Our Opinion: Walmart policy cruel to disabled employees

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Attention, Walmart shoppers and anyone else with a social conscience: The world's largest corporation, based on annual revenue, must scrimp in order to widen its profit margin (Eagle, March 1). The Walton family, the heirs of Walmart founder Sam Walton, is the richest on the globe — beating out the Koch brothers, Jeff Bezos, Bill Gates and Warren Buffett on Forbes' list of wealthiest families. Through the holding company they control, the Waltons own half the stock in the company. According to Politifact and the Urban Institute, the family's net worth was equal to that of the bottom 40 percent of the American people combined as of 2014.

Even the most dedicated free-marketers and devotees of trickle-down theory might take a deep breath at such a disparity in wealth. Researchers argue over the specific figures, but Walmart employees cost American taxpayers billions per year in social assistance programs, such as food stamps and housing subsidies, because their paltry wages don't stretch far enough.

In a new and even crueler wrinkle, Walmart announced last month that it will terminate the "people greeters," a post often filled by disabled employees, at 1,000 stores. Instead, the company is creating a new position, "customer host," that will largely encompass the greeter's role. This position comes with some requirements, like the ability to lift a 25-lb. package, collect carts and stand for long periods. Cynically, management also encouraged its current greeters to apply for these new jobs.

The Walton family, which like President Trump just happened to win the birth lottery, probably embraces the economic strategy behind such a move, but its members appear to be blind to its human cost. The dignity and sense of self-worth the greeter position conferred upon thousands of disabled employees cannot be measured in economic terms, but it will be easy enough to arrive at that figure if they are thrown out of work and, due to their particular circumstances unable to find other jobs.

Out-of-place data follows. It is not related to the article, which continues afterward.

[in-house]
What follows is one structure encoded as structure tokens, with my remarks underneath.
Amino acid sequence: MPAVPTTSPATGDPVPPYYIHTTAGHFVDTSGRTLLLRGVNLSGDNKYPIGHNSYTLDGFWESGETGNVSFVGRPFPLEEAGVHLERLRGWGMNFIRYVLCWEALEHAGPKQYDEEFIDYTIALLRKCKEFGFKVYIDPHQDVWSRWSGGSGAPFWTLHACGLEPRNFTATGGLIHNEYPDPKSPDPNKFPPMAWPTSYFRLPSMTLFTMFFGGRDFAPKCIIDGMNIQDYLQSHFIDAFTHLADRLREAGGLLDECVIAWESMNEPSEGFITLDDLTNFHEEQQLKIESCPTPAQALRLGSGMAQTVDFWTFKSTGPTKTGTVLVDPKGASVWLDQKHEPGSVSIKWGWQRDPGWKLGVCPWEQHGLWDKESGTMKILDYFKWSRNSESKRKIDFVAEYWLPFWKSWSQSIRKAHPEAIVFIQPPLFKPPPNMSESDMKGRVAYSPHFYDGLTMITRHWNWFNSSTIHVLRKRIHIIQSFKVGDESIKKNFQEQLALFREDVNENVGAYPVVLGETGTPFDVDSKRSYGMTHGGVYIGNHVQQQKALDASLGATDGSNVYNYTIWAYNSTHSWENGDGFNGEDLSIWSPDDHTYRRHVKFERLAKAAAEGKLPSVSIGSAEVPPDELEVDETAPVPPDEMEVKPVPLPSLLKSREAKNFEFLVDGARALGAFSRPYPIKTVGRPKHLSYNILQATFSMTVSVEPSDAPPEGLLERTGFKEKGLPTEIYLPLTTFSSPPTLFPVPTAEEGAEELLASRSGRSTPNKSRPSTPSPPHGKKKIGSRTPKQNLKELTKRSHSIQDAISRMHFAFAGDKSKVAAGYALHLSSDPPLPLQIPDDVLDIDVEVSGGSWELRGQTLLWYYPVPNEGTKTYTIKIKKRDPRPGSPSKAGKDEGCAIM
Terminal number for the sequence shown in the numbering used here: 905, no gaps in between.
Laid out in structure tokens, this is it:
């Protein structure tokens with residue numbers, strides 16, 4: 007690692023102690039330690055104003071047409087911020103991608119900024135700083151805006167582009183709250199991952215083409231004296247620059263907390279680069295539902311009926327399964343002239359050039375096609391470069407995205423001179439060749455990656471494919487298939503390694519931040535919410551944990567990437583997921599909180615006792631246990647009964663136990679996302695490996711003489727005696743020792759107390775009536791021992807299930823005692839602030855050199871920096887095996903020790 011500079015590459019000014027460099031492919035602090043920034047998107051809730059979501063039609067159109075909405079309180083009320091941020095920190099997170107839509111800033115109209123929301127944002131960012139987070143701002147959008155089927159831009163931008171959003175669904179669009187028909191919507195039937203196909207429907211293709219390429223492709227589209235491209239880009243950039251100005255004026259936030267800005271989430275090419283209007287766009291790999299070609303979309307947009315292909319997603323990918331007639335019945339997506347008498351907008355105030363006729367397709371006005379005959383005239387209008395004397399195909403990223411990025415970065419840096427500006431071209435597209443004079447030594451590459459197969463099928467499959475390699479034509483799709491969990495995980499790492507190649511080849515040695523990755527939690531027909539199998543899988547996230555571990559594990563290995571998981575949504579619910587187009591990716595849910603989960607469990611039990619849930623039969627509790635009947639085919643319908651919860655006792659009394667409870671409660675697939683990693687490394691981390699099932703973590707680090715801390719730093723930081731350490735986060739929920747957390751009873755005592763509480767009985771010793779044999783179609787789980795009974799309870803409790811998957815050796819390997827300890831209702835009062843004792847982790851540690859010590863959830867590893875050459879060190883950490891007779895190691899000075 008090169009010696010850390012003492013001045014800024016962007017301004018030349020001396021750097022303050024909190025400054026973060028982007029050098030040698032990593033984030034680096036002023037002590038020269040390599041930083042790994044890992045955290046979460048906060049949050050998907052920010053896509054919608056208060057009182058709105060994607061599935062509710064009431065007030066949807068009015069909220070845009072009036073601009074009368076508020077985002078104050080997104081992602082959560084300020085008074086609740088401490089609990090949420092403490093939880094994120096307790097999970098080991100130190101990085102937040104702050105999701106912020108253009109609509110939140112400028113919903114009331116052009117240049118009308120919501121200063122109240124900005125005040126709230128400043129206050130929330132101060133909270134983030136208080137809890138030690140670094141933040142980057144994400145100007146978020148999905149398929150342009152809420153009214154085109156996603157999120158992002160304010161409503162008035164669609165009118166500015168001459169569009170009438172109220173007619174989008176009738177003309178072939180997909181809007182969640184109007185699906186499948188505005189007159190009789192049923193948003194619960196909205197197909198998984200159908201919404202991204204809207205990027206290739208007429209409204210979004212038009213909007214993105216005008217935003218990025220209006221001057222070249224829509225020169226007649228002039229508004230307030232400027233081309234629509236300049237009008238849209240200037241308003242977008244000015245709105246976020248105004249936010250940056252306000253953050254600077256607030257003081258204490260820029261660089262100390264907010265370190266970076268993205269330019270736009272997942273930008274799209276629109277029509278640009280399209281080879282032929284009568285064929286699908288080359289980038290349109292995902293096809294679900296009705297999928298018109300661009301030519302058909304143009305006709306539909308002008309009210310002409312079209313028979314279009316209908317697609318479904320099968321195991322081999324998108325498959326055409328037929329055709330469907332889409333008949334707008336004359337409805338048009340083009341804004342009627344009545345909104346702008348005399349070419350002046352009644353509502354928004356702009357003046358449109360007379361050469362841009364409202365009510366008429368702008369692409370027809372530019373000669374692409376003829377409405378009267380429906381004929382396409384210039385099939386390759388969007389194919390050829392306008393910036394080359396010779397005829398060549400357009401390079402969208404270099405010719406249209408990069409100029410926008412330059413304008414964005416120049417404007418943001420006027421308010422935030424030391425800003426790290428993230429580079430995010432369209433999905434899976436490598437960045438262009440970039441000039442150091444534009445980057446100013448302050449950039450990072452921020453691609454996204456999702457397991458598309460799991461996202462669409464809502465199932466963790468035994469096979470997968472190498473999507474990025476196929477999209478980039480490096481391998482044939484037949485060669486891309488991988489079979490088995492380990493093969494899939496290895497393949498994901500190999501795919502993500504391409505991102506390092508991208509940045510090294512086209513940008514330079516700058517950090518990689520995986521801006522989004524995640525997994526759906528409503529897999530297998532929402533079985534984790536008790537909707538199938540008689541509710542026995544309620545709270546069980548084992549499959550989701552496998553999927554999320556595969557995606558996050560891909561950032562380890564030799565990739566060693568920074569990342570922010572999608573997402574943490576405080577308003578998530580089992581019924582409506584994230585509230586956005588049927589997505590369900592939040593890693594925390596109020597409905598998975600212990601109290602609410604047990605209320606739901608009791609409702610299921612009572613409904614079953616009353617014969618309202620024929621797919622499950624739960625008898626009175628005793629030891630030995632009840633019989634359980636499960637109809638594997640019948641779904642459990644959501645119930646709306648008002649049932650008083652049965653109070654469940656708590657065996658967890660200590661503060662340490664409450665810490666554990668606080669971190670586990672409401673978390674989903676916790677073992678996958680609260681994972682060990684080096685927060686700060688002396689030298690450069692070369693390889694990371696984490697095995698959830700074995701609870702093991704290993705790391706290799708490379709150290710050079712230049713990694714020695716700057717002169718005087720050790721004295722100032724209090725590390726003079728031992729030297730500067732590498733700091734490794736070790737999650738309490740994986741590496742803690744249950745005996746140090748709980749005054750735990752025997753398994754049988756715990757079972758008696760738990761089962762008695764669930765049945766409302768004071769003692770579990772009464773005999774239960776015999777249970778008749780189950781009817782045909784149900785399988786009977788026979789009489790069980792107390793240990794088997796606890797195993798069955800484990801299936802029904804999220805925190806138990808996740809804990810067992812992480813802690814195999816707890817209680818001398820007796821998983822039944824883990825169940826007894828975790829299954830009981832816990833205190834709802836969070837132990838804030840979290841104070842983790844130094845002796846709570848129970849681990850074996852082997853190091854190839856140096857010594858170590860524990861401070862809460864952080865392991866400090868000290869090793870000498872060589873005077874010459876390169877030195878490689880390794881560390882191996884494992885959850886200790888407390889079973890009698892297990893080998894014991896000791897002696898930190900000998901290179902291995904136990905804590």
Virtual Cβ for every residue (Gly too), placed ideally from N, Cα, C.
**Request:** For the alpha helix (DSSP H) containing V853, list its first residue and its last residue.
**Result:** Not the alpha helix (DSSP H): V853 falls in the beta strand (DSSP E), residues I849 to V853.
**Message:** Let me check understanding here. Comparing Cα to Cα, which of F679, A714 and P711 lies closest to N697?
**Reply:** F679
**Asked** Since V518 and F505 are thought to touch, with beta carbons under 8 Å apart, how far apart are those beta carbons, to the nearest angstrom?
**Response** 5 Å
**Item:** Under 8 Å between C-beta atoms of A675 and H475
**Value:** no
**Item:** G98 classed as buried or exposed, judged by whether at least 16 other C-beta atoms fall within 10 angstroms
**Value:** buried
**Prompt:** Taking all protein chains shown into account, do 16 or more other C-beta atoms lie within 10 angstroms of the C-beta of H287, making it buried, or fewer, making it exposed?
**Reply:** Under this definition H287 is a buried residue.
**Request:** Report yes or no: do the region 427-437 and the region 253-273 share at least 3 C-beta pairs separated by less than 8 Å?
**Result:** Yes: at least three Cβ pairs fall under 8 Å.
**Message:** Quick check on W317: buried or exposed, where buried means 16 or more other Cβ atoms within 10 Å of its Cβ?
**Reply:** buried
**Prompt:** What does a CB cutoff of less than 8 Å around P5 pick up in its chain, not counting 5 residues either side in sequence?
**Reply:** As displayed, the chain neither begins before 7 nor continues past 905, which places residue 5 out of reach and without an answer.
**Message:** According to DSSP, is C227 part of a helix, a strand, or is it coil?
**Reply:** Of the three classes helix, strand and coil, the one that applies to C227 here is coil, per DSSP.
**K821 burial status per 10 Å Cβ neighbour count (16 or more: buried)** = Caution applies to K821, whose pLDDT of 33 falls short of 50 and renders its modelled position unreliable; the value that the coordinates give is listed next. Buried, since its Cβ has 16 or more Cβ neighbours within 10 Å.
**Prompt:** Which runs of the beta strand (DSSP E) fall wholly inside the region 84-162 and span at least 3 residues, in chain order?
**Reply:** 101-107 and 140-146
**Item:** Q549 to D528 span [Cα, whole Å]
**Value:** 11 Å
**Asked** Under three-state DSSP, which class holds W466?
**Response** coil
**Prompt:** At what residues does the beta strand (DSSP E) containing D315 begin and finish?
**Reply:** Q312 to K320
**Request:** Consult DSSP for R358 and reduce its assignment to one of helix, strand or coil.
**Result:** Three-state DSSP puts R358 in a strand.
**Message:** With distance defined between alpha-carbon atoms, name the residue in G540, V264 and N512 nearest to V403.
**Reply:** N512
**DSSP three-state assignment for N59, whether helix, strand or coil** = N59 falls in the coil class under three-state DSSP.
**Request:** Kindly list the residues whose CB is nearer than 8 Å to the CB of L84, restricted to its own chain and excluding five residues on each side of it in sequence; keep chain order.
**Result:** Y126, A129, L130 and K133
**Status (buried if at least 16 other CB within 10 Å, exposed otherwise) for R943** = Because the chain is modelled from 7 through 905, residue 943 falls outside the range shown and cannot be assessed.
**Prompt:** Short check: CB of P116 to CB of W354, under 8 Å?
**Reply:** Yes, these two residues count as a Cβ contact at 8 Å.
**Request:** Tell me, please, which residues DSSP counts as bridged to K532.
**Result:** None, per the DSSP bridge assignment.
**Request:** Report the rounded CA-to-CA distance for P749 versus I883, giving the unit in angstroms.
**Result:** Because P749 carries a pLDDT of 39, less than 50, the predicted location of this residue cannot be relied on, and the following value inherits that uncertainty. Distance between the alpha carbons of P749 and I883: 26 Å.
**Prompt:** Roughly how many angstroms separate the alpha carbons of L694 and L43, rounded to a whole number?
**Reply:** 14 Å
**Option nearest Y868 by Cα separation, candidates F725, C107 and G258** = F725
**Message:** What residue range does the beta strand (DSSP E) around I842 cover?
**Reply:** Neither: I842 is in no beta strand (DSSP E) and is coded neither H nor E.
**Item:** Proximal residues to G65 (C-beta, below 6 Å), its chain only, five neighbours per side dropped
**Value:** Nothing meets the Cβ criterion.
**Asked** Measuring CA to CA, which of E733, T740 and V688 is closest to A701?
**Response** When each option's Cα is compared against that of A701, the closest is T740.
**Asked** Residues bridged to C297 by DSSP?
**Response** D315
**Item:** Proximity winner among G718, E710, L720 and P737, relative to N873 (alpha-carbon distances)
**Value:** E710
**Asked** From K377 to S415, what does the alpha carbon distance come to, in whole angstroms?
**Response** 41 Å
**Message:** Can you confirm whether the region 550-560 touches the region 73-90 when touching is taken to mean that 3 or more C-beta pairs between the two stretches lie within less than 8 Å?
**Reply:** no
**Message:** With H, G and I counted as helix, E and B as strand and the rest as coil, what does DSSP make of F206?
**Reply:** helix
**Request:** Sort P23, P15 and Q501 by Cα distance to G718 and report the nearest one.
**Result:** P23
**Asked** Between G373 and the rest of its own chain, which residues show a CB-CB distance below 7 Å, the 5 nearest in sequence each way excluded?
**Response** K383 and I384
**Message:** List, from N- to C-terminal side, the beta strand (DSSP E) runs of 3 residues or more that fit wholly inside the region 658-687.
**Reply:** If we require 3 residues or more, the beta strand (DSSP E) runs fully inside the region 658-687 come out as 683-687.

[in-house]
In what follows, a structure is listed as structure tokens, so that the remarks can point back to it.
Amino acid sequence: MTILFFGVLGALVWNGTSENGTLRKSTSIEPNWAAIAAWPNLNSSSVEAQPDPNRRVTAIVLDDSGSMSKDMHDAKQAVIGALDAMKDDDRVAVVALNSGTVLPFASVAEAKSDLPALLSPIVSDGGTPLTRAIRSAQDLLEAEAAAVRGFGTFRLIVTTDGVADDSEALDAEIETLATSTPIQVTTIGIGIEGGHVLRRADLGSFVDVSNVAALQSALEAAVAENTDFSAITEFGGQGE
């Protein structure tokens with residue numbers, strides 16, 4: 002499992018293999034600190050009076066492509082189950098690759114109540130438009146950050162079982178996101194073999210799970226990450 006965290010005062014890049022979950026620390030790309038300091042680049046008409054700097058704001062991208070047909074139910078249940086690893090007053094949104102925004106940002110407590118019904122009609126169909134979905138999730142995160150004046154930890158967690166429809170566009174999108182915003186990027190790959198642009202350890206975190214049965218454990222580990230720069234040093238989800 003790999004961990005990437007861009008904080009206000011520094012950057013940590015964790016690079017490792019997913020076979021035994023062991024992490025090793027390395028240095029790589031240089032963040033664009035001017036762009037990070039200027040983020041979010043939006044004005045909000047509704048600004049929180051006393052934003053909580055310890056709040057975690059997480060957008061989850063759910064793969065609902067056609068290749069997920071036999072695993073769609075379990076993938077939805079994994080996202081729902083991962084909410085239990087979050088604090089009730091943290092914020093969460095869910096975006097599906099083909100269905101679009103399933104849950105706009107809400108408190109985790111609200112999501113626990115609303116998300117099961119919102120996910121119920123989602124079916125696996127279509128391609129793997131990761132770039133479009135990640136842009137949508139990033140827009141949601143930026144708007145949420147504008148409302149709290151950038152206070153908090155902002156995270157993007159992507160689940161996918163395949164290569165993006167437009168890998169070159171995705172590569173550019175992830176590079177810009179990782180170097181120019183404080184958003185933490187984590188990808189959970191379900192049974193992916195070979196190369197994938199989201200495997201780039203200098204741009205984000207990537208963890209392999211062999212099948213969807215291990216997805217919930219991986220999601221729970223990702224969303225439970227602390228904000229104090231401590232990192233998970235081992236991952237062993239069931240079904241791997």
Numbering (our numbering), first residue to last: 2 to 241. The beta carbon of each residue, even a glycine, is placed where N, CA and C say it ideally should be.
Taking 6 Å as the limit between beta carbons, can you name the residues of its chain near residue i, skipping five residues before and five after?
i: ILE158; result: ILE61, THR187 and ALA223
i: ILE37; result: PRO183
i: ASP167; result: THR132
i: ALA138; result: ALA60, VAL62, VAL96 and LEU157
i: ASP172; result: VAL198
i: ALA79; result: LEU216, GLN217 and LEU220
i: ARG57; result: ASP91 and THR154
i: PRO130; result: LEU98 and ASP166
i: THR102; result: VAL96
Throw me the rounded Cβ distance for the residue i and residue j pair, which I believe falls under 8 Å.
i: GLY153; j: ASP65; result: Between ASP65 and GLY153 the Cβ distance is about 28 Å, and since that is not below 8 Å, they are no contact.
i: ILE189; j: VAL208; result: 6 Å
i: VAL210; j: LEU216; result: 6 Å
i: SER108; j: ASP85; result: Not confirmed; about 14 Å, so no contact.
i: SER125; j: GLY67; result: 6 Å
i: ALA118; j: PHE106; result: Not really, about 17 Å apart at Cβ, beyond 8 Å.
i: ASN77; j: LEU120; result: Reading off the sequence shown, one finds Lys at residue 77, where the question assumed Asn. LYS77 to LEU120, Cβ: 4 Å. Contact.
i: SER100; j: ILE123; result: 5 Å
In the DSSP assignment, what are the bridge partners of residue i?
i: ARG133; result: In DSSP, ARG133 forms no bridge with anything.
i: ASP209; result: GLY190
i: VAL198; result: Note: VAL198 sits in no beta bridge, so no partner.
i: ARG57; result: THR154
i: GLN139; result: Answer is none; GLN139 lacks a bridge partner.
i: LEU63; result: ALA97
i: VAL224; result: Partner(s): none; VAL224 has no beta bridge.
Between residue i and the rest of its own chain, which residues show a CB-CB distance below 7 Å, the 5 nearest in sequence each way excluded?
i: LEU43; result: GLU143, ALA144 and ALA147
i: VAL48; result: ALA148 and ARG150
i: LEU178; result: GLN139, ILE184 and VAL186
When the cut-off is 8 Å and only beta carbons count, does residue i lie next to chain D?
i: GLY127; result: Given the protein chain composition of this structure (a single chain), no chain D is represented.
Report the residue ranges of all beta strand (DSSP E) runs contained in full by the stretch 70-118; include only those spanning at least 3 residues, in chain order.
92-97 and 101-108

After a severe backlash to the decision from Walmart workers and the public, company President & CEO Greg Foran felt compelled to write a Feb. 28 memo to employees wherein he extended the standard 60-day period for displaced employees to find other work within the company and indicated that "every effort" would be made to help those who wished to continue working there. Time will tell if Mr. Foran's sentiments were genuine or merely a ham-handed attempt at damage control.

The word "shame" does not appear to be part of the vocabulary of Walmart or its ruling family. One thing is certain, however: If former Republican presidential candidate Mitt Romney's assertion is accurate that "corporations are people too, my friend," then this one deserves a trip to the woodshed.

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